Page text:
Our reclaimed lumber is sourced locally from Western North Carolina, Eastern Tennessee and West Virginia. All of the structures slated for reclamation have been deemed a liability and unsafe by the landowner. After a thorough inspection of the structure, and calculating the usable board feet of the material, a deal is struck and the dismantling process begins. Depending on the season and the conditions, our team of reclamation experts will often camp on-site, dismantling the structure board by board, carefully removing each iron nail one at a time, taking extra care not to damage the lumber in the process. The lumber is then kiln dried to stabilize the moisture content to between six to eight percent while also exterminating any unwanted insects that might otherwise destroy the wood over time. Once received, the lumber is then sorted by length and condition and carefully racked and placed in inventory.
BLUE RIDGE HERITAGE BARN WOOD
As barns that stood proudly on family land for generations become unsafe structurally, The Old Wood Co. carefully restores their charm and integrity. It is with great care and pride that, board by board, we unearth the history of these treasured iconic structures. It’s like unwrapping a present, removing the layers of dust and dirt to reveal the beauty of an oldgrowth piece of lumber. Once exposed, the lumber will showcase all of it’s history. Nail holes represent the original construction purpose of the material, worm holes, highlight the vulnerability of the wood to the outside elements; tight knots, showcase the continued growth and strength of the tree; growth rings tell the age and seasonal pattern of the tree’s growth; unique grain patterns explain how the board was originally milled, mostly for the best yield of material—these are the traits that make working with reclaimed lumber so intriguing and interesting.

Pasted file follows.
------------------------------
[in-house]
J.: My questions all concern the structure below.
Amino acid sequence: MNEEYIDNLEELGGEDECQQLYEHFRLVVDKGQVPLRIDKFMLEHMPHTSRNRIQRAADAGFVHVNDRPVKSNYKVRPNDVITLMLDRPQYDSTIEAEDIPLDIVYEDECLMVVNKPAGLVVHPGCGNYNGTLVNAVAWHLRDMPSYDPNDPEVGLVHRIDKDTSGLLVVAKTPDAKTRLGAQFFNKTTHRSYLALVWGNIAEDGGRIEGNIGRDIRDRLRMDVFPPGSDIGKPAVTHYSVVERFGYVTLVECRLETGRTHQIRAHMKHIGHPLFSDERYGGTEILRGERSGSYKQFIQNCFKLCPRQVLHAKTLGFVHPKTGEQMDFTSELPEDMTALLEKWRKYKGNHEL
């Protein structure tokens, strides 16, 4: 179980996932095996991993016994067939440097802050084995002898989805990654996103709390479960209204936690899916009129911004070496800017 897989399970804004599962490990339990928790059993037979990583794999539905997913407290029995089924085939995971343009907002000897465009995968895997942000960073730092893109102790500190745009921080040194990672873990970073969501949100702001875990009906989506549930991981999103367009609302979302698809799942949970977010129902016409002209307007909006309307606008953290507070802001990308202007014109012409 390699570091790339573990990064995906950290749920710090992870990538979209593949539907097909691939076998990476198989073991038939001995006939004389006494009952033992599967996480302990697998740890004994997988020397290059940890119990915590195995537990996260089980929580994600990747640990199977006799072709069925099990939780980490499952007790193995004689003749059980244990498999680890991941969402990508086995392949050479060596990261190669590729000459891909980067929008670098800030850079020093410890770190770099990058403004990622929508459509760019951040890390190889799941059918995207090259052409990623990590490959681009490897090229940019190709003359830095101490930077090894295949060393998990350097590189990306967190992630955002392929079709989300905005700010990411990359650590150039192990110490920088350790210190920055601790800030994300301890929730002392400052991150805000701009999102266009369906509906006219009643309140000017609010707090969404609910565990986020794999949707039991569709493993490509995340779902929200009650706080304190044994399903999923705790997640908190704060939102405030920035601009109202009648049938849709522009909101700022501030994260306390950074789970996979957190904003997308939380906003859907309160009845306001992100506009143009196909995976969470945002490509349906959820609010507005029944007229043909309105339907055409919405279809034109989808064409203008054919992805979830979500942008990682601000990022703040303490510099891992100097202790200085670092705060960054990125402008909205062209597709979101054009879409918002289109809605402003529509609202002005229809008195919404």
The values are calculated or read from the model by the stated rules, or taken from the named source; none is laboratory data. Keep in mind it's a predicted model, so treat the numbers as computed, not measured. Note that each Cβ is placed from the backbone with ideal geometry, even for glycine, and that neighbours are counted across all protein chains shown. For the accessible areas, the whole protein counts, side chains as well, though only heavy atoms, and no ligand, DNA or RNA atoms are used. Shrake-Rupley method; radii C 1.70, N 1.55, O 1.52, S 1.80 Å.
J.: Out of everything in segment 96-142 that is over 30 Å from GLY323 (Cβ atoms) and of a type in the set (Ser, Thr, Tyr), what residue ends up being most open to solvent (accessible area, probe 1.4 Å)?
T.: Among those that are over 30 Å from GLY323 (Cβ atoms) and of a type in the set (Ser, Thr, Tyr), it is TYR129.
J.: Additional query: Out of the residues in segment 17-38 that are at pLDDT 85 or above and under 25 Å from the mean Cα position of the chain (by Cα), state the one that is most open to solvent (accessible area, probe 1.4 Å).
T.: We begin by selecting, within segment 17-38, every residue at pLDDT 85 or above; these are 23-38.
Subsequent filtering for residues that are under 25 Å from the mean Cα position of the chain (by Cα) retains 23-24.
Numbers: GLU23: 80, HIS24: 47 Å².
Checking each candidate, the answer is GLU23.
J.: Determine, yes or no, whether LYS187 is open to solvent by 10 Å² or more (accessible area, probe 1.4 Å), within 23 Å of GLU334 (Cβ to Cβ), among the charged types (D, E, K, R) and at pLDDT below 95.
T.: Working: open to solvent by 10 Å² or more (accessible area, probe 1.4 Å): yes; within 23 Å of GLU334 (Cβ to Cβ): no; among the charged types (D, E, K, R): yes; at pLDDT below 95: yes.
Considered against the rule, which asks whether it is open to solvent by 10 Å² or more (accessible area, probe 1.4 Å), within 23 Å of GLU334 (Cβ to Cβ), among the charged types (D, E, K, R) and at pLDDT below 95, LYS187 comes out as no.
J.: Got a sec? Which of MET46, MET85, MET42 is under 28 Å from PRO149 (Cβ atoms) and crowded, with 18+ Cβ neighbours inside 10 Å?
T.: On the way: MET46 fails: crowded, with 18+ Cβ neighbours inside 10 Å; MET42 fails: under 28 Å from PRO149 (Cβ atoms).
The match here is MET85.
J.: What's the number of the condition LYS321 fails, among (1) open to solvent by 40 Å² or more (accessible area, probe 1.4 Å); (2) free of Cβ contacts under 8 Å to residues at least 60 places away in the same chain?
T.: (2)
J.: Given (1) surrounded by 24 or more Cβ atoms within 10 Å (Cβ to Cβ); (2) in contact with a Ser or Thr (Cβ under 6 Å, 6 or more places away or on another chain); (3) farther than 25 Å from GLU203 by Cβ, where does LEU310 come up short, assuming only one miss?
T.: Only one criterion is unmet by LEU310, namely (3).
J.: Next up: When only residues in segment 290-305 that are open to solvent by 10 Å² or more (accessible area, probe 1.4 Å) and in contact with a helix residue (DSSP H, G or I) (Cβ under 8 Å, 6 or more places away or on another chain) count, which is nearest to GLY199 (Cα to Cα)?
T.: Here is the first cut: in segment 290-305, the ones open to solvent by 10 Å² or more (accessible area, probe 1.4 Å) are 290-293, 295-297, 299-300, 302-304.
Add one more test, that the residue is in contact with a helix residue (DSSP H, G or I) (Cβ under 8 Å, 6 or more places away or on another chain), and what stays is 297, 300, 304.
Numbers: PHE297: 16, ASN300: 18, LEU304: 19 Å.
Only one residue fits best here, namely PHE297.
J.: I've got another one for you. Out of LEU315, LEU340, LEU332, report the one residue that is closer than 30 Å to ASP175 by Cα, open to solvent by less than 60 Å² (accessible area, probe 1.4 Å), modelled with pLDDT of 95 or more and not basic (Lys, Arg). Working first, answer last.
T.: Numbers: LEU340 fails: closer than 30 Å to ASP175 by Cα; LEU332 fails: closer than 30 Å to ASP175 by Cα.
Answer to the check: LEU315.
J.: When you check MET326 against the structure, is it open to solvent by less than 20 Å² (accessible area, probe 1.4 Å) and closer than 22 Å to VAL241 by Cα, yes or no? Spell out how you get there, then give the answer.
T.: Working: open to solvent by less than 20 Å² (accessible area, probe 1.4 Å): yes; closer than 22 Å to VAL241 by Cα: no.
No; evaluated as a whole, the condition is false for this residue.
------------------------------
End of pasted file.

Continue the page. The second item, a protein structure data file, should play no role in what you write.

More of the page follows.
Due to the nature of our reclaimed lumber, knots, nail and worm holes, multiple gain patterns, finish variances (including those within a single piece or between two or more pieces) and other natural characteristics are to be expected and add character to the pieces. Actual wood samples, website photos, and brochure photos will vary slightly from the actual finish that is received due to the unique nature of our wood finishes. Due to the live edge treatment on some designs, table depths may vary within one to two inches.